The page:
TOPEKA — The state House took action today trying to force the Senate into a vote on whether to move up the deadline when new Kansas voters will be required to provide proof of citizenship to register.
The bill, House Substitute for Senate Bill 15, would start requiring citizenship proof on June 15, rather than Jan. 1 as current law requires.
The overall effect would be that new voters would have to provide a birth certificate, passport or other less common citizenship documents to register for the August primary or the general election in November.
The bill is based on plans proposed by Secretary of State Kris Kobach.
The House had previously passed the same proposal in another bill, but it stalled in a Senate committee, where senators said next month is too soon for a smooth transition to the new rules.
Knowing they'd be unable to stop the Republican majority from passing the proposal again, House Democrats put up only token resistance.
Only Rep. Ann Mah, the ranking Democrat on the House Elections Committee went to the podium to speak against it.
She briefly recapped her ongoing criticism of the proof-of-citizenship requirement and said it would fall particularly hard on women, who would have to make an extra trip to the election office to swear out an affidavit if their birth name doesn't match their married name.
"There isn't any court in the land that is going to say that one sex has an extra step to vote," she said. "For those of you who have a modicum of common sense, I ask you to vote no. For those of you who want to make the Senate look like heroes ... then you can vote yes."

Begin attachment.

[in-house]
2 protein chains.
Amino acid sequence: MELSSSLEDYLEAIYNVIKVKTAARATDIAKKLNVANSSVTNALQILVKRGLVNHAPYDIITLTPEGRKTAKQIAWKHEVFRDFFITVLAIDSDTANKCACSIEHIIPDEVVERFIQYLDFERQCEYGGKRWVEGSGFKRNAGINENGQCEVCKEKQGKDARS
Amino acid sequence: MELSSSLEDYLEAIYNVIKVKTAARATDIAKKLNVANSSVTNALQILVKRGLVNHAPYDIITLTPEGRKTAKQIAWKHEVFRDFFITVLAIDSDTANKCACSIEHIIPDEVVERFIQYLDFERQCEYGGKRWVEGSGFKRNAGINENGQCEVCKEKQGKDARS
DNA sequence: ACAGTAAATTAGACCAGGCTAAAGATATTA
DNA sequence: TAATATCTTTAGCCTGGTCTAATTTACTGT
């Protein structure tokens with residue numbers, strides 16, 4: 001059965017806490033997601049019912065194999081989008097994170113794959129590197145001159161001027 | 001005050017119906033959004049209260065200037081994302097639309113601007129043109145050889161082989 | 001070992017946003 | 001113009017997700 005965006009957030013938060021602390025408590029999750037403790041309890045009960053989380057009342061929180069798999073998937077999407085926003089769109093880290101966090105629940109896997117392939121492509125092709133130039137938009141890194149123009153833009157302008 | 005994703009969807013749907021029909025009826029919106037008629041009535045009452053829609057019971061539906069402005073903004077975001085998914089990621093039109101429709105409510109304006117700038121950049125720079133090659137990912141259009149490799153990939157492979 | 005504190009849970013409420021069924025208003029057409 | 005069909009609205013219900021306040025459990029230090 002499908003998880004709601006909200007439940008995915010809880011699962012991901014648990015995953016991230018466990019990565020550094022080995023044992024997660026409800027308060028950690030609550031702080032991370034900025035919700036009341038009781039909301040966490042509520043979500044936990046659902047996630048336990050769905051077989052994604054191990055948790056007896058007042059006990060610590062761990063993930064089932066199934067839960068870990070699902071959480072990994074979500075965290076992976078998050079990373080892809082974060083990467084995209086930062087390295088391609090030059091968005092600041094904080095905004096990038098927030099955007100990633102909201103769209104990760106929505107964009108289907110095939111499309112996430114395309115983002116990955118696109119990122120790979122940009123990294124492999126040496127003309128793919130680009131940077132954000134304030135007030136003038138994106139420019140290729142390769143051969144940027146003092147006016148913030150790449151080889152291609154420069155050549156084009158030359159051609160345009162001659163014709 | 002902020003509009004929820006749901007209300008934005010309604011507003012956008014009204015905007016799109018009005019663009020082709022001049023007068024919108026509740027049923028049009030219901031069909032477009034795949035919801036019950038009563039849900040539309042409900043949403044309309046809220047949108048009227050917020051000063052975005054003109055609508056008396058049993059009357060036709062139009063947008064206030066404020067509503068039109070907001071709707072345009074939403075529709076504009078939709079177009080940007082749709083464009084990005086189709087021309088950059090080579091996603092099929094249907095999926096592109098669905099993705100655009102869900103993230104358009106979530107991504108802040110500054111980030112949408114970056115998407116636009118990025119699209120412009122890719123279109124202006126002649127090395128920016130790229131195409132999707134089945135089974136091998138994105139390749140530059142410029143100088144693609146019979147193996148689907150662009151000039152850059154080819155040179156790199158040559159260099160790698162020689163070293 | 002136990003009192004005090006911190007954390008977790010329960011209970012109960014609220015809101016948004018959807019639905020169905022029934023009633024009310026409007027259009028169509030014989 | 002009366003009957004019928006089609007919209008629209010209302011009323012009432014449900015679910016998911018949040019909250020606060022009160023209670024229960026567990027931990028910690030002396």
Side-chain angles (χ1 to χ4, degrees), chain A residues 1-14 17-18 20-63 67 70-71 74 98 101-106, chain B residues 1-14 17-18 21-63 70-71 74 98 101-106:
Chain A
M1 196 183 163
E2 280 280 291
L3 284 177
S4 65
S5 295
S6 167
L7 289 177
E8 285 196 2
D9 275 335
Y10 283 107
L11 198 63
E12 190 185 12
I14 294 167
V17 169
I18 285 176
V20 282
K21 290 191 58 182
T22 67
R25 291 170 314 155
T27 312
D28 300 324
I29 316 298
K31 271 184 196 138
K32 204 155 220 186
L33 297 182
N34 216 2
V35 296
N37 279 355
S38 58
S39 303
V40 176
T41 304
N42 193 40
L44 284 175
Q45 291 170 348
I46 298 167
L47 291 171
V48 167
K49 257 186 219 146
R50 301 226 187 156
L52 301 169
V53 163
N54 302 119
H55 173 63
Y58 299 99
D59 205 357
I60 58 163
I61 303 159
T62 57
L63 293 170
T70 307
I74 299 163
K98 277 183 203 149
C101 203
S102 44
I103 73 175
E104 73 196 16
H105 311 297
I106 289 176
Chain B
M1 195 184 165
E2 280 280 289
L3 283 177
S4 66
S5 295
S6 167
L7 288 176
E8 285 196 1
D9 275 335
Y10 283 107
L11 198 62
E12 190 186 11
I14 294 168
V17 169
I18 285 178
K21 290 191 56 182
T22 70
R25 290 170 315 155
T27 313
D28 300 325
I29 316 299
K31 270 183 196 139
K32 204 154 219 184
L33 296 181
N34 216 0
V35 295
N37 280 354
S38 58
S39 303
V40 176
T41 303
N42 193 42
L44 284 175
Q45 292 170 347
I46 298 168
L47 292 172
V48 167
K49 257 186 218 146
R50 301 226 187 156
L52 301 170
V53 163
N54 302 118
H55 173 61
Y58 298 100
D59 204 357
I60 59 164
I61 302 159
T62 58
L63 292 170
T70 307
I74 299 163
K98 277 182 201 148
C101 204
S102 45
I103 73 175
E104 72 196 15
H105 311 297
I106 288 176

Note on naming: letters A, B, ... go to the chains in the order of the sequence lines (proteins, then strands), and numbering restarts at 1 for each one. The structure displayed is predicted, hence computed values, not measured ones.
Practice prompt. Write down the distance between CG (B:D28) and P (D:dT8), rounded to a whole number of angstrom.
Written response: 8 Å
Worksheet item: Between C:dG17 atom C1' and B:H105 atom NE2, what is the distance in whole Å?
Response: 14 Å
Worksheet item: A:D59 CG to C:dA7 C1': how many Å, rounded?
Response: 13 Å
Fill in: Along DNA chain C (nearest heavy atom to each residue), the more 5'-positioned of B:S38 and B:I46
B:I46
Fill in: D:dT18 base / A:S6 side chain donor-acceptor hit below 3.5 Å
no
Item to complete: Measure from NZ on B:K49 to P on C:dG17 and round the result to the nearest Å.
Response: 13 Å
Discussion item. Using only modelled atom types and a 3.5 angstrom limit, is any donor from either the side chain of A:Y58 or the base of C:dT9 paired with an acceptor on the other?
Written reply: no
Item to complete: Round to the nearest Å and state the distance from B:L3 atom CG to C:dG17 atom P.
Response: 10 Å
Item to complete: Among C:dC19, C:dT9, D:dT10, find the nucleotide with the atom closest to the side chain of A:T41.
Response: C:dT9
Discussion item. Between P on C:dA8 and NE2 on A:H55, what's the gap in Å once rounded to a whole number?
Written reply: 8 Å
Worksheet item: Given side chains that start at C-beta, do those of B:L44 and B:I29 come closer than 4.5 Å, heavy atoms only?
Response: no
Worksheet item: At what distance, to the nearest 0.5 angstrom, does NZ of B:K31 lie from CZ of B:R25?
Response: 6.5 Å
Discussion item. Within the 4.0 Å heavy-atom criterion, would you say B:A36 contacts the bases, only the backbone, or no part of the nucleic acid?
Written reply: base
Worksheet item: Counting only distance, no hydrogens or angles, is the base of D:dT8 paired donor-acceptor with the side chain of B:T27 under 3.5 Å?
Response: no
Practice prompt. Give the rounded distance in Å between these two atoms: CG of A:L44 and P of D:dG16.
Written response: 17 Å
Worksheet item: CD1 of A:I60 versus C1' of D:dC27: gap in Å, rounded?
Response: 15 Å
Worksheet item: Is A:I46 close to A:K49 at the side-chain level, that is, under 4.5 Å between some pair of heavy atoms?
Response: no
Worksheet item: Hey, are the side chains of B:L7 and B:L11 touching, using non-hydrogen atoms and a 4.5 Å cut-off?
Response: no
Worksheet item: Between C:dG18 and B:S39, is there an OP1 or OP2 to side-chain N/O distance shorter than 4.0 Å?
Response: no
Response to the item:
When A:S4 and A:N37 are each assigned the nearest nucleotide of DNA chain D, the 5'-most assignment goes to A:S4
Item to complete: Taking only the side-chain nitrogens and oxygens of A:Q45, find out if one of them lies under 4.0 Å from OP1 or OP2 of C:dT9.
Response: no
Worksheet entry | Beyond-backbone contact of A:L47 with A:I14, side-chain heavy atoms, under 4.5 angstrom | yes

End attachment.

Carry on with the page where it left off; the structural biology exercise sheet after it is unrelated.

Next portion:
Rep. Scott Schwab, who carried the bill on the floor, said opponents made the same dire predictions of court action when the Legislature passed the original voter-ID law last year.
"Even though we've had over 100 elections this year since voter ID has been implemented, we haven't had one (court) challenge," said Schwab, R-Olathe.
Kobach, former state chairman of the Republican Party, has advocated for strict voter ID requirements to fight what he says is widespread voting fraud. Opponents argue that voting fraud is actually negligible and that Kobach's true mission is to suppress turnout among minority and poor voters who are more likely to support Democrats.
Substituting Kobach's proposal into a Senate bill, as the House did today, could make it easier for supporters to force a floor vote in the Senate. The bill passed the House 67-53.
The Department of Motor Vehicles, often the first point of contact for new voters, is installing computer systems to handle the scanning of citizenship documents and transmit them to the secretary of state’s office. That system won’t be up and running until August.
As an interim workaround, Kobach has proposed allowing the DMV to certify that new registrants have produced the proper documents. The actual copies would be provided to the secretary of state later when the new computer system is up and running.
The House amended that idea into the bill it is sending to the Senate.
Senate Vice President John Vratil, R-Leawood, said senators still have concerns that the DMV is not yet ready to implement the proof of citizenship requirement.
“The last thing we want to do is mandate something that will deny voters the right to vote,” he said.
The Kansas-Western Missouri chapter of the American Civil Liberties Union today released a flow chart called "Navigating the Kansas Voter ID maze."
Last year's voter ID law "has already led to the creation of a Rube Goldberg maze of processes and procedures that almost seem designed to suppress voter participation," said ACLU Executive director Gary Brunk. "Advancing the proof of citizenship requirement adds even more complexity to this convoluted process."